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Q J Med. 1980 Autumn;49(196):443-60.

The straight back syndrome.


The straight back syndrome, consisting of loss of normal upper thoracic spinal curvature associated with cardiac murmurs and radiographic cardiomegaly is considered a form of 'pseudoheart disease' which has been attributed to squashing of the heart in the reduced AP diameter of the chest. During an 18-month period 31 patients referred to a cardiologist were found to have a straight back. Forty-five relatives were subsequently examined and 27 were found also to have a straight back. Palpitations and chest pain were the commonest symptoms. On the lateral chest radiograph the distance from the middle of the anterior border T8 to a vertical line connecting T4 and T12 was found to be significantly reduced compared to controls, and a value less 1.2 cm is indicative of a straight back. Of the 58 subjects with the syndrome, 39 (67 per cent) had clinical and/or echocardiographic evidence of mitral valve prolapse. Respiratory function testing revealed no significant abnormality. HLA typing showed no association with an particular HLA antigen but indicates that the straight back syndrome is inherited as an autosomal dominant condition and suggested that the antigenic determinants may be located on chromosome 6. We conclude that the straight back syndrome should no longer be considered a form of pseudoheart disease and patients should be investigated for associated mitral valve prolapse and their relatives screened.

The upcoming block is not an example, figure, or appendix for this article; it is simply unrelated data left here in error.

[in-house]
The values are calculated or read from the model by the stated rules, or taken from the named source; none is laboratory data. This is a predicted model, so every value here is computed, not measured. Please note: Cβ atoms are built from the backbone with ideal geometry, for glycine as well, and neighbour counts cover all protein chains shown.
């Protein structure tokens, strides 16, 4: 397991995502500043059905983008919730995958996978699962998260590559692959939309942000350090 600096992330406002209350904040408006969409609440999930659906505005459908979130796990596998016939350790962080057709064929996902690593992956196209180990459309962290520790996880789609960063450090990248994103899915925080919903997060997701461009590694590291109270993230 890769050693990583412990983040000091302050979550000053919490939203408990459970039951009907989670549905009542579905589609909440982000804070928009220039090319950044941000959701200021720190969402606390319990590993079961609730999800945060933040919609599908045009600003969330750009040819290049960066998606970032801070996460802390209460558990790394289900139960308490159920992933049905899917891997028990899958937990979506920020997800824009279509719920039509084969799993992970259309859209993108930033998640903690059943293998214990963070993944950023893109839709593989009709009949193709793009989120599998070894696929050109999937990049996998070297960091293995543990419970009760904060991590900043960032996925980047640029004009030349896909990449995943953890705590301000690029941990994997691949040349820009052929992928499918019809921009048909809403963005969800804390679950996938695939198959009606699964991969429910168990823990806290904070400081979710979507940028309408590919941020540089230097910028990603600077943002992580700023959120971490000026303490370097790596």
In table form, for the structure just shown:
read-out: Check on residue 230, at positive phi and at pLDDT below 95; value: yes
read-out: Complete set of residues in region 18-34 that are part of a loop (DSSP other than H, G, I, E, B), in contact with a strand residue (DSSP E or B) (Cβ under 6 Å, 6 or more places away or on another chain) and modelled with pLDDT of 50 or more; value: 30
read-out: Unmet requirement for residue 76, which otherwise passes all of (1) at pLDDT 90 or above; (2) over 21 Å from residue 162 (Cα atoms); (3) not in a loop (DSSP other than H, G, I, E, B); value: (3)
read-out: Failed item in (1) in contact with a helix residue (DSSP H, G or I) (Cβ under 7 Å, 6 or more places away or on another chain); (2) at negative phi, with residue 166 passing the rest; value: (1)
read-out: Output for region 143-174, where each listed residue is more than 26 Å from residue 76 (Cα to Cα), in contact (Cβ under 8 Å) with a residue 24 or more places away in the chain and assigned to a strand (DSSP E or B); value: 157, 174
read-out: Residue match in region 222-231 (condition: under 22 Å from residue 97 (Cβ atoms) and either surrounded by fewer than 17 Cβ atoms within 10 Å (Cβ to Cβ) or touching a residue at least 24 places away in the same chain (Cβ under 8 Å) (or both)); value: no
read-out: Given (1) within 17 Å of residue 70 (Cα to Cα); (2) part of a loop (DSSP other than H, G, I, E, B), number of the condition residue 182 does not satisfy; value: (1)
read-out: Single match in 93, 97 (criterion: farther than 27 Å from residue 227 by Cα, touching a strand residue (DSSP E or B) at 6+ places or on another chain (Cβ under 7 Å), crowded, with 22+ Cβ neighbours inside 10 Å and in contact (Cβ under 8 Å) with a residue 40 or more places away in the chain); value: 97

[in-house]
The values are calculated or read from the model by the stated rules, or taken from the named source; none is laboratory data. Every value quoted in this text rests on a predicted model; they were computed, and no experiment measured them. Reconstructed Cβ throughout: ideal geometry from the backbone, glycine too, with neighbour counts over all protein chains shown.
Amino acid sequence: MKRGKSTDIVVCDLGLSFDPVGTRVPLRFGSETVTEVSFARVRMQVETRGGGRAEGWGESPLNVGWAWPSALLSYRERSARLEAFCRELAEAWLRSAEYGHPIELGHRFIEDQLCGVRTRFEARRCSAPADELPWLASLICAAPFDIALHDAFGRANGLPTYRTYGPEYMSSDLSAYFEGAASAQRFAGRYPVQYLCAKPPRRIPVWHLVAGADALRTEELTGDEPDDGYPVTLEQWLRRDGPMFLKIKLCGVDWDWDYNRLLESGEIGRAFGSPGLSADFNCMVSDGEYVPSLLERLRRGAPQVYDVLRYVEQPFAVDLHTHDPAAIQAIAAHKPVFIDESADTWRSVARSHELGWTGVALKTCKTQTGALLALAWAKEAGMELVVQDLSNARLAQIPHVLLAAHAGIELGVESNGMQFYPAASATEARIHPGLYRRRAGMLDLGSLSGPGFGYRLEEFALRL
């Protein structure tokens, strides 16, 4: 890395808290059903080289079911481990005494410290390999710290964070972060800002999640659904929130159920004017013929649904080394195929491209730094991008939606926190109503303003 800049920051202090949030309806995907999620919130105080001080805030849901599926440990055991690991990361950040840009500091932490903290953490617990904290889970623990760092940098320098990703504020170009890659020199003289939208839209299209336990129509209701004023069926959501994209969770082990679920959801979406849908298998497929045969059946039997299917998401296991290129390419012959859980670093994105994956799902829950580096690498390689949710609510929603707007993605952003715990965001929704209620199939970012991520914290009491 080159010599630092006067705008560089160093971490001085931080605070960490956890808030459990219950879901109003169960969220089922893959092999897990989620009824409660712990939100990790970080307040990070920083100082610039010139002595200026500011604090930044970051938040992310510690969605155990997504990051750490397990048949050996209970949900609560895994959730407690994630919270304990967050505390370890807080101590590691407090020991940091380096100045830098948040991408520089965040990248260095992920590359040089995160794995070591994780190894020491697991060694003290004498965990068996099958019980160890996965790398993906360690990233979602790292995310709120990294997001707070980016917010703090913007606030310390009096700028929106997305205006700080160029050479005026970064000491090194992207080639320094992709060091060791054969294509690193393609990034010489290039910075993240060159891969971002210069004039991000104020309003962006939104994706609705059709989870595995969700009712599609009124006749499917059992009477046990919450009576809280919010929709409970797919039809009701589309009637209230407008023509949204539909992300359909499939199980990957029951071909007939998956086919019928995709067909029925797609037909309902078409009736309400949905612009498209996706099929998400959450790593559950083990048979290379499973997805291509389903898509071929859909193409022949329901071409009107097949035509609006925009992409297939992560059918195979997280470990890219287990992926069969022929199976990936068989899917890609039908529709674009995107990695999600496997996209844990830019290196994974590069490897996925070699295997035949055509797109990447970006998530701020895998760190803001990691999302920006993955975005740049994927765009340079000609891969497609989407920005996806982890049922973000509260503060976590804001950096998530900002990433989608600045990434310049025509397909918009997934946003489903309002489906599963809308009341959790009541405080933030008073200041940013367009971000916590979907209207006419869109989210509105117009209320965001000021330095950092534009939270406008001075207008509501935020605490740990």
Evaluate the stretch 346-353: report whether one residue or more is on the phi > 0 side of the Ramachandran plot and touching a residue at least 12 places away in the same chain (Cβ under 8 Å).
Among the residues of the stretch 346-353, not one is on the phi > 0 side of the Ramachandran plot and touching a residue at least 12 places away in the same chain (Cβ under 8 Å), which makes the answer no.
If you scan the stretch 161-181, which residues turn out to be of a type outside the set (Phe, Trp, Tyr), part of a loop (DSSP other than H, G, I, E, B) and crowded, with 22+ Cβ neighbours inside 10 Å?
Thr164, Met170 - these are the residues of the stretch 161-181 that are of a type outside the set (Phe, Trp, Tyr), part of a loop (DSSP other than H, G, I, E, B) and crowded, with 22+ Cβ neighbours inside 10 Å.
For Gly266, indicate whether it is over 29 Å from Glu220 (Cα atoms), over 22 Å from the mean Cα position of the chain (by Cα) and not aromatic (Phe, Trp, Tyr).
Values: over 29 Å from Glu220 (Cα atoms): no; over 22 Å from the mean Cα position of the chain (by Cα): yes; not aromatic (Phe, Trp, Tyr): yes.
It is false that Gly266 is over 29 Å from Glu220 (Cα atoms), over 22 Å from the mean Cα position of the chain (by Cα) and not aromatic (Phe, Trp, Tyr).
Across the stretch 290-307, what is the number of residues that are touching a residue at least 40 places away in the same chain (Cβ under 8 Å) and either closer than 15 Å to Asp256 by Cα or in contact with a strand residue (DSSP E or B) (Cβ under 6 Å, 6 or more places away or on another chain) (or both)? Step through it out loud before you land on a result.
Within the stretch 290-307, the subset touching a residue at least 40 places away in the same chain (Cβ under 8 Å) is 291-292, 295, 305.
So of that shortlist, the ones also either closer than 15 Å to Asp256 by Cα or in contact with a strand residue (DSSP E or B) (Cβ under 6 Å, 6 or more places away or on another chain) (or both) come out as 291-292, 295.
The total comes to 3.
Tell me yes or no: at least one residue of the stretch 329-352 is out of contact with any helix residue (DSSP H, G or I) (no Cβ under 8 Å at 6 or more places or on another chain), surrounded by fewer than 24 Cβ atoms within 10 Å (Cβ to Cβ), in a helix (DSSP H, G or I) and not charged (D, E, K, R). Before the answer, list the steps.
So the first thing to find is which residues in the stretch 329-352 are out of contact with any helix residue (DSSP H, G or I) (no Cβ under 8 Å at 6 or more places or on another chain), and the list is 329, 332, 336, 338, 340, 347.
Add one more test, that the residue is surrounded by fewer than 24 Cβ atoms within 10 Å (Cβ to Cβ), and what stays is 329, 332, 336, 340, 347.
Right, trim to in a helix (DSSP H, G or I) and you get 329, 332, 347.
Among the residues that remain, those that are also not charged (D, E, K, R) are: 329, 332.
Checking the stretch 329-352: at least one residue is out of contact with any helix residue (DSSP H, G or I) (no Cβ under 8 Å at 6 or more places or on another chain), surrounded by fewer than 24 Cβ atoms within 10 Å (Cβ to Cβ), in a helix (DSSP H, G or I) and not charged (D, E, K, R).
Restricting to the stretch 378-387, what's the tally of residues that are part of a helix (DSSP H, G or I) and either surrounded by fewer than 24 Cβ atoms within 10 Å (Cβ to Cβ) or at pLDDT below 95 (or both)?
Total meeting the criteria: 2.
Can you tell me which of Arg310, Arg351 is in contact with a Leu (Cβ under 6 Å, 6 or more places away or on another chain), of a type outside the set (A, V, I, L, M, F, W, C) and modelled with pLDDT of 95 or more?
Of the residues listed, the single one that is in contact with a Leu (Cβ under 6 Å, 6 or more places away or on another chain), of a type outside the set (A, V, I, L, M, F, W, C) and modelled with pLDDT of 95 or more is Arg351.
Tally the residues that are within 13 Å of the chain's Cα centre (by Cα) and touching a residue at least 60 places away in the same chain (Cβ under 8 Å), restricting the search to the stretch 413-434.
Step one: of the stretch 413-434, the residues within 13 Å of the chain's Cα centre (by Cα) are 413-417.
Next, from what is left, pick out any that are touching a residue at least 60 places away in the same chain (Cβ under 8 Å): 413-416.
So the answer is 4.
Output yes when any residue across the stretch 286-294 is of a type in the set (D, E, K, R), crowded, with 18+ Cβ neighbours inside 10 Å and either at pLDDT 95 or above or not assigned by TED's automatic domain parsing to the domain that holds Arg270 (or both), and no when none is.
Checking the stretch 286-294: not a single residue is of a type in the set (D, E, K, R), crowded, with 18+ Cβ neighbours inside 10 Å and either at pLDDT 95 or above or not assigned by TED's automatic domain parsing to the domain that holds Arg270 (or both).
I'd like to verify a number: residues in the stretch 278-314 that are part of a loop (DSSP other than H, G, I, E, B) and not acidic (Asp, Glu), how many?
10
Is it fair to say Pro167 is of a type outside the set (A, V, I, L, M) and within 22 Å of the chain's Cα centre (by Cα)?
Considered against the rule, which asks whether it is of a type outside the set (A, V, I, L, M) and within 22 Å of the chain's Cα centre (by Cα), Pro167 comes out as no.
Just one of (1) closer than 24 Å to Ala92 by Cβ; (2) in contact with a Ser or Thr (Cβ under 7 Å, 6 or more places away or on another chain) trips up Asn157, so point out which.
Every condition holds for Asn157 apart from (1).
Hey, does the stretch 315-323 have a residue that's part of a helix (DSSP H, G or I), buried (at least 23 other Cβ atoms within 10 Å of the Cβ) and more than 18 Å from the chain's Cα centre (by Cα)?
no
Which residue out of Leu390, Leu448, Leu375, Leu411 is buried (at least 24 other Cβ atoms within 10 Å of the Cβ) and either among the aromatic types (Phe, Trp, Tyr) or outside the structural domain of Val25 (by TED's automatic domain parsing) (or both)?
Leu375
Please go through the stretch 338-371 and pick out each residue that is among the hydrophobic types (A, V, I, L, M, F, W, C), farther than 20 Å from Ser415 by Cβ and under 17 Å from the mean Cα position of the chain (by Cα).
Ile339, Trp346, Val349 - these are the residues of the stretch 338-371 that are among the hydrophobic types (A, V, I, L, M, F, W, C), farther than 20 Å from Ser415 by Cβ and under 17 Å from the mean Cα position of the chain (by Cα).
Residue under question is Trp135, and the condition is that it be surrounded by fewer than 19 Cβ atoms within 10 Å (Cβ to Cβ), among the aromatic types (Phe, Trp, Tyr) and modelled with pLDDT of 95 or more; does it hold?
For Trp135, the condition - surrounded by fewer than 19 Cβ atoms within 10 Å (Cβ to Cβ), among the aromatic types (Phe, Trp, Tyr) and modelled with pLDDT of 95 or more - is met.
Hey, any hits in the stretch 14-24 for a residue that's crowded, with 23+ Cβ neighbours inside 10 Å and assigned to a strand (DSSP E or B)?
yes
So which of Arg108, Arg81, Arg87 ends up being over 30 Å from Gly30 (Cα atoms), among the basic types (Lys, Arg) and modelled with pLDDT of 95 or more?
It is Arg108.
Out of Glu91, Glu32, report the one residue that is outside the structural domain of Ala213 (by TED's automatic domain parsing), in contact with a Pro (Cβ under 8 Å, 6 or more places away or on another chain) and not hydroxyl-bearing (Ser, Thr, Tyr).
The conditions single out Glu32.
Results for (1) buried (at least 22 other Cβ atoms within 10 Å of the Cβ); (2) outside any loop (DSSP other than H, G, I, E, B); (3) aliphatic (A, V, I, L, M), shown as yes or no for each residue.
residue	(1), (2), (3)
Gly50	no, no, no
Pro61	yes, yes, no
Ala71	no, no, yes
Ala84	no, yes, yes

[PubMed - indexed for MEDLINE]
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